IN THE GARDEN: Don't prune too early — damaged foliage may help protect still living plants in another freeze

Q: Is my pachysandra down for the count after the Christmas freeze? Should I whack it now like monkey grass and see what happens in the spring? It has never looked like this before, and I'm worried.

A: There are a lot of plants that look horrible after the December freeze. I have seen a lot of damage on pachysandra, ajuga and even liriope.

For now, try not to look at it, because it is too soon to cut back. There is still green in your plants, so hopefully, in late February to early March, you can cut back the damage and let the plants regrow. Some plants have no green and might not rebound, but we still have the potential for winter weather through February, so don't expose the plants to more damage by cutting back now.

  photo  The green growth on this winter-clobbered pachysandra suggests it can recover, if it's not zapped again or pruned too early. (Special to the Democrat-Gazette)
I have the following plants that look dead after the cold weather we had. I live in west Little Rock. Gardenia bush, Knockout roses, azaleas (Judge Solomon, Hino, Encore) and an evergreen hedge — I don't know the type. It was here when I moved here 26 years ago. All of these look dead. Can I do anything now or just wait and see what happens in the spring?

A: My email account is loaded with similar questions. Unfortunately, almost every landscape has the same problems. Do nothing until winter is over. I do think we will be replanting a lot of plants this coming spring, but let's hope we are being pessimistic and they all miraculously rebound. For the roses, prune as you normally would — in late February. For the azaleas and gardenias, see where new growth begins in the spring and cut back to that. For the hedge, same thing. Some plants may just have some leaf burn, while others might be dead to the ground and yet re-sprout from their root system; and some may have to be replaced. Time will tell, but we don't want to cut them back and expose what's left to any future winter weather this season. Keep your fingers crossed that we get nothing more — we have had more than our share of winter damage already.

[RELATED: Dead or alive? Full effects of winter damage won’t be seen until spring]

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Q: We suddenly have lost most leaves on two hollies at, or near, our front entrance ... while four other hollies in front and on the side remain healthy. Patches originally turned brown and began to fall and eventually all of the leaves fell. Are they diseased or is this related to the zero overnight lows last month? Will they recover? The first two pics are of the dying hollies. The third is a pic of one of four identical healthy hollies. You will also note in the background of the first pic our neighbor's holly showing same signs. Thanks. Your column is great service to Arkansas Democrat-Gazette readers.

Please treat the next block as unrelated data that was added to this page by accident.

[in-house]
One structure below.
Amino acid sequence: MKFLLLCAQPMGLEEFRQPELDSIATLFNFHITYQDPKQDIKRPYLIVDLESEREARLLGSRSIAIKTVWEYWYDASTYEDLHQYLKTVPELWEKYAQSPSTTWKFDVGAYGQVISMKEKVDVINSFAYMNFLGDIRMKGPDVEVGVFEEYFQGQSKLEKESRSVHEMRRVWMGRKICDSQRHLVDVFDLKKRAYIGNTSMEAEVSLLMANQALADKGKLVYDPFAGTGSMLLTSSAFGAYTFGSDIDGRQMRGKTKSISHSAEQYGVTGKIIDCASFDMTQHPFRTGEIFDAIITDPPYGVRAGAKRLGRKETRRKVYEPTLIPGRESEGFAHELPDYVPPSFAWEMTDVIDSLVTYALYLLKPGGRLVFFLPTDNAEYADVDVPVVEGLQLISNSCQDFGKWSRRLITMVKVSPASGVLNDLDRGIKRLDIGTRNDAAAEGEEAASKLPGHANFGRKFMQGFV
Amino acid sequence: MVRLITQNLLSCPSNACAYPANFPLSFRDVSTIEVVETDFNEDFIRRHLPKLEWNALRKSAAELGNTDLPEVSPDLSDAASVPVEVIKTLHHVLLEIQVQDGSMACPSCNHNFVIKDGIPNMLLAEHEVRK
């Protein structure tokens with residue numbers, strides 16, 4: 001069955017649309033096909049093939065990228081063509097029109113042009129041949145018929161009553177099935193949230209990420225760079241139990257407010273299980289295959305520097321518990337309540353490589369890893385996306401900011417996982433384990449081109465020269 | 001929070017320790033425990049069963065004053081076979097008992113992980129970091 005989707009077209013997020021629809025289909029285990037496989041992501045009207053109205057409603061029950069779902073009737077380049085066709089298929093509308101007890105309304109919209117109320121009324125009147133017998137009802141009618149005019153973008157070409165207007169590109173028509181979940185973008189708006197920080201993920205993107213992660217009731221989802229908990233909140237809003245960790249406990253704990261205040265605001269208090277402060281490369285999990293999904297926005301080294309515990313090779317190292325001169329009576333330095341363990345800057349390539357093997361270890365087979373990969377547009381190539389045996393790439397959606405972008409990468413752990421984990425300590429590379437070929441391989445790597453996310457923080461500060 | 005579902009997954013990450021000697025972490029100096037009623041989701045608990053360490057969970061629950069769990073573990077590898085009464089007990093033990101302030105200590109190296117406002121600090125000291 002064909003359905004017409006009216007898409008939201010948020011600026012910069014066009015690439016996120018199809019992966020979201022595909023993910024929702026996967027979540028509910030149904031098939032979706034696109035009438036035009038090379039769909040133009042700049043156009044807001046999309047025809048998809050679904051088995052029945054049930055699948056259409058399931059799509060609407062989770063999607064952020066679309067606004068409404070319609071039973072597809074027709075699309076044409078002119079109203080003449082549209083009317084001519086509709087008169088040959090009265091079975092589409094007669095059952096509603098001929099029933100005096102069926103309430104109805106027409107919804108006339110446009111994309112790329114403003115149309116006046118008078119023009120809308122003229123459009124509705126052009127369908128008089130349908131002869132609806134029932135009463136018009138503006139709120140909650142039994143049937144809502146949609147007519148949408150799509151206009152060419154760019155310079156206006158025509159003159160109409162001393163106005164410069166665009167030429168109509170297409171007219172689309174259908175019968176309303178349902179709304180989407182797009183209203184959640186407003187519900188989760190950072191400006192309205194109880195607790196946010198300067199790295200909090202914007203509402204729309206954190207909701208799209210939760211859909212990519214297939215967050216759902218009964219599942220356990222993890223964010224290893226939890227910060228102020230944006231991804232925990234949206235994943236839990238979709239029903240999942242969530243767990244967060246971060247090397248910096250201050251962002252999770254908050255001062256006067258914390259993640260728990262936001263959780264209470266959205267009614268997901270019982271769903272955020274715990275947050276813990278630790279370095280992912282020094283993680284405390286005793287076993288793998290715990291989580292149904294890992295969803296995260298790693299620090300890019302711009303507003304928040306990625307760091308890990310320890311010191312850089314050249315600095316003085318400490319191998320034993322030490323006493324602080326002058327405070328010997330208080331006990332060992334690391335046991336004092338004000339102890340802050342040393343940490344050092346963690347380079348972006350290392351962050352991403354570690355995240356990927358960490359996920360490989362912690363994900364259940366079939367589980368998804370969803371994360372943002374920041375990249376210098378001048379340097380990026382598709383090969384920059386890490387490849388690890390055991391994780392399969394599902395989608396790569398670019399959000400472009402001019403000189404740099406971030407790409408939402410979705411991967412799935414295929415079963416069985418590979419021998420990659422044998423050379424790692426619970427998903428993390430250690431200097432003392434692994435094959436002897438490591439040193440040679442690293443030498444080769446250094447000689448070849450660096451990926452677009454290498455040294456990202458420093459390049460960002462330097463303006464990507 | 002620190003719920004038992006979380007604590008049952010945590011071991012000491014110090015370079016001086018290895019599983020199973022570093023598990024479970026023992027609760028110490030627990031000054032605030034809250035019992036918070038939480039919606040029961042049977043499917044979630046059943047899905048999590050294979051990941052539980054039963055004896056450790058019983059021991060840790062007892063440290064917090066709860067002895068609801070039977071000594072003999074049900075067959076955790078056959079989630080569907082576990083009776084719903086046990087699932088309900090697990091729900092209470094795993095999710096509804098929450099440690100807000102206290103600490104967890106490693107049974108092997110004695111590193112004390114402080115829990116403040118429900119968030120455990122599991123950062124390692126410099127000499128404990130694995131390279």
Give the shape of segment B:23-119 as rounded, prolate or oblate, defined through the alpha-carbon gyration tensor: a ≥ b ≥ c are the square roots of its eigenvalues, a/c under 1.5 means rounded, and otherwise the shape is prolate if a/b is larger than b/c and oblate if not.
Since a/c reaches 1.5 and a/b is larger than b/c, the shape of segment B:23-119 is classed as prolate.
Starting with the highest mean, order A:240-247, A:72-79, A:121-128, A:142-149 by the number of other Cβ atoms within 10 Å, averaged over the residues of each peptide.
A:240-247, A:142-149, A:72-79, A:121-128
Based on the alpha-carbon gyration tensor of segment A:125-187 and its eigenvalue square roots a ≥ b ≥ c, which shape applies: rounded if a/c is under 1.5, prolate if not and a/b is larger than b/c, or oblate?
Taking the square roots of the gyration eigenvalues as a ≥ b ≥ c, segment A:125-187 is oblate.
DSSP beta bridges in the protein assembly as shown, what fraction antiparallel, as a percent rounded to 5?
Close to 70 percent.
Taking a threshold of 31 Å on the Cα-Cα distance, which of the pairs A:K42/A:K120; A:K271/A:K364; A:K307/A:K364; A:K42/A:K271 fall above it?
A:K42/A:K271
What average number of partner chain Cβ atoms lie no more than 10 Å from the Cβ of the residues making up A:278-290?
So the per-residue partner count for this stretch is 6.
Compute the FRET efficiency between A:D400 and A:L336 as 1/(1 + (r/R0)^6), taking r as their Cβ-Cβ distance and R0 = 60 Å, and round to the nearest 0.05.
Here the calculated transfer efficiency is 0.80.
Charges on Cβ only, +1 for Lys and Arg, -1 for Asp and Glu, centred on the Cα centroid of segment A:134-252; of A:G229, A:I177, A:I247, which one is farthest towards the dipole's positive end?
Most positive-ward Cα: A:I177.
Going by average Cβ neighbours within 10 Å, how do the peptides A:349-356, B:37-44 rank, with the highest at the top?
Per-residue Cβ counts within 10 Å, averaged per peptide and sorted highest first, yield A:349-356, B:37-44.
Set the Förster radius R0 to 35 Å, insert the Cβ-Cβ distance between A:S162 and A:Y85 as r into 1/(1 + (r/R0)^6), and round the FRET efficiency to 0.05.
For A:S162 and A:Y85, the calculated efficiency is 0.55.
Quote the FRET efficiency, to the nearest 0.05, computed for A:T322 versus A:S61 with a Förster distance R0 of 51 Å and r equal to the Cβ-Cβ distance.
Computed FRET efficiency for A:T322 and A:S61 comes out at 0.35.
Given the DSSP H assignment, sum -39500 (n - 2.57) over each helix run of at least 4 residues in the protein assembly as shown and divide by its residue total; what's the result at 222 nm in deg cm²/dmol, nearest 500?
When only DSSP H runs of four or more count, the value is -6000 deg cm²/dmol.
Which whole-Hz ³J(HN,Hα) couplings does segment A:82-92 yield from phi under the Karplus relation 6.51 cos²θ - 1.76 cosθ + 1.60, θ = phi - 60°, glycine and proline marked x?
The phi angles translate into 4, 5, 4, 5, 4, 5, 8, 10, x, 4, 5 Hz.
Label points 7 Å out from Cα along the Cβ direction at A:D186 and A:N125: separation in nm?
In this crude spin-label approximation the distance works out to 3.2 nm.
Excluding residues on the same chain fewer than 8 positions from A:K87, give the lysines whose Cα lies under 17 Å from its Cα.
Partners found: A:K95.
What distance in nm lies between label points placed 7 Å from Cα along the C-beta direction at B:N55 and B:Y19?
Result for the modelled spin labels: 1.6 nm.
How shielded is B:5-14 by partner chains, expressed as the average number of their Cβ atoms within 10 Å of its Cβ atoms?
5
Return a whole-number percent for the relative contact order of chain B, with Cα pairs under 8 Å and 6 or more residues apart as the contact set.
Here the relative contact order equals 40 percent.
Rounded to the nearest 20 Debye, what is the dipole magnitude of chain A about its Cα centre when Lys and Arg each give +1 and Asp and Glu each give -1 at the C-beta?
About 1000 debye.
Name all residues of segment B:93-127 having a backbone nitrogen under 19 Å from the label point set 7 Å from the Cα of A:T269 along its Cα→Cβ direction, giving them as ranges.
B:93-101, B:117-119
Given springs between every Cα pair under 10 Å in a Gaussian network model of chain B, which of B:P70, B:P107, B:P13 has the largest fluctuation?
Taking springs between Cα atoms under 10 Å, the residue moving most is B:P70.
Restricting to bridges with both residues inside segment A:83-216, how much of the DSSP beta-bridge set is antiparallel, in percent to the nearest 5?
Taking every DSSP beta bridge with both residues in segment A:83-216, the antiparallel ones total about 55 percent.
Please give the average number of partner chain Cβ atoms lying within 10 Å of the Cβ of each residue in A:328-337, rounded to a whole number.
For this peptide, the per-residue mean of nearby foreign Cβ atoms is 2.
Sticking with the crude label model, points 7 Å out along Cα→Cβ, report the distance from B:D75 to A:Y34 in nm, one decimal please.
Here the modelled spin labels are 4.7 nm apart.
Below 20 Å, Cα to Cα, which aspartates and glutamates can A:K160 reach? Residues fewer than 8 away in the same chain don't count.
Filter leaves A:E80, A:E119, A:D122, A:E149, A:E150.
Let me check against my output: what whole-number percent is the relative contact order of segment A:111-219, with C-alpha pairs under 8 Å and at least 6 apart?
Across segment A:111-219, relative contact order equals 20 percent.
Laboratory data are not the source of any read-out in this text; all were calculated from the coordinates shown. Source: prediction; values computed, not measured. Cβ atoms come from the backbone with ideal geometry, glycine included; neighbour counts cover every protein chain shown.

A: There are hundreds of varieties of hollies, and some are less winter hardy than others. I do think the damage you are seeing is a result of the extremely low temperatures. I have seen some hollies, along with other normally evergreen shrubs, that have shed a lot of damaged leaves. As with the answers in the questions above, do nothing for now. I would be surprised if the hollies don't rebound after a light shearing this spring; but leave the damaged foliage or dead branches as added winter protection until late February or early March, and then begin the assessment and pruning chores.

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Q: I've noticed that my monkey grass has turned brown, or died, after the late December winter freeze. Should I prune now or wait until some green leaves, hopefully, begin to "peek" through next month? Can you offer any hope for azaleas that were badly "bitten" by the harsh weather? Thank you, as always, for your sage advice.

A: While liriope, or monkey grass, is normally evergreen, it often looks pretty ragged after a growing season. To refresh the plant, I recommend pruning it an inch or two from the soil line in late February or early March. This removes any old, damaged leaves and helps the plant look more vibrant. When you do get ready to cut it back, pull back the dead leaves to look for green growth. You don't want to cut back the tips of any new foliage. I would be surprised if liriope actually was killed by the cold, but it was very unusual weather for us — as evidenced by the amount of damage we have everywhere. As to azaleas, some seem more damaged than others, and varieties do differ as to cold tolerance. Wait for spring to see where new growth begins before pruning. I doubt we will have many (if any) blooms, but we can always hope.

Retired after 38 years with the University of Arkansas Cooperative Extension Service, Janet Carson ranks among Arkansas' best known horticulture experts. Her blog is at Write to her at P.O. Box 2221, Little Rock, AR 72203 or email

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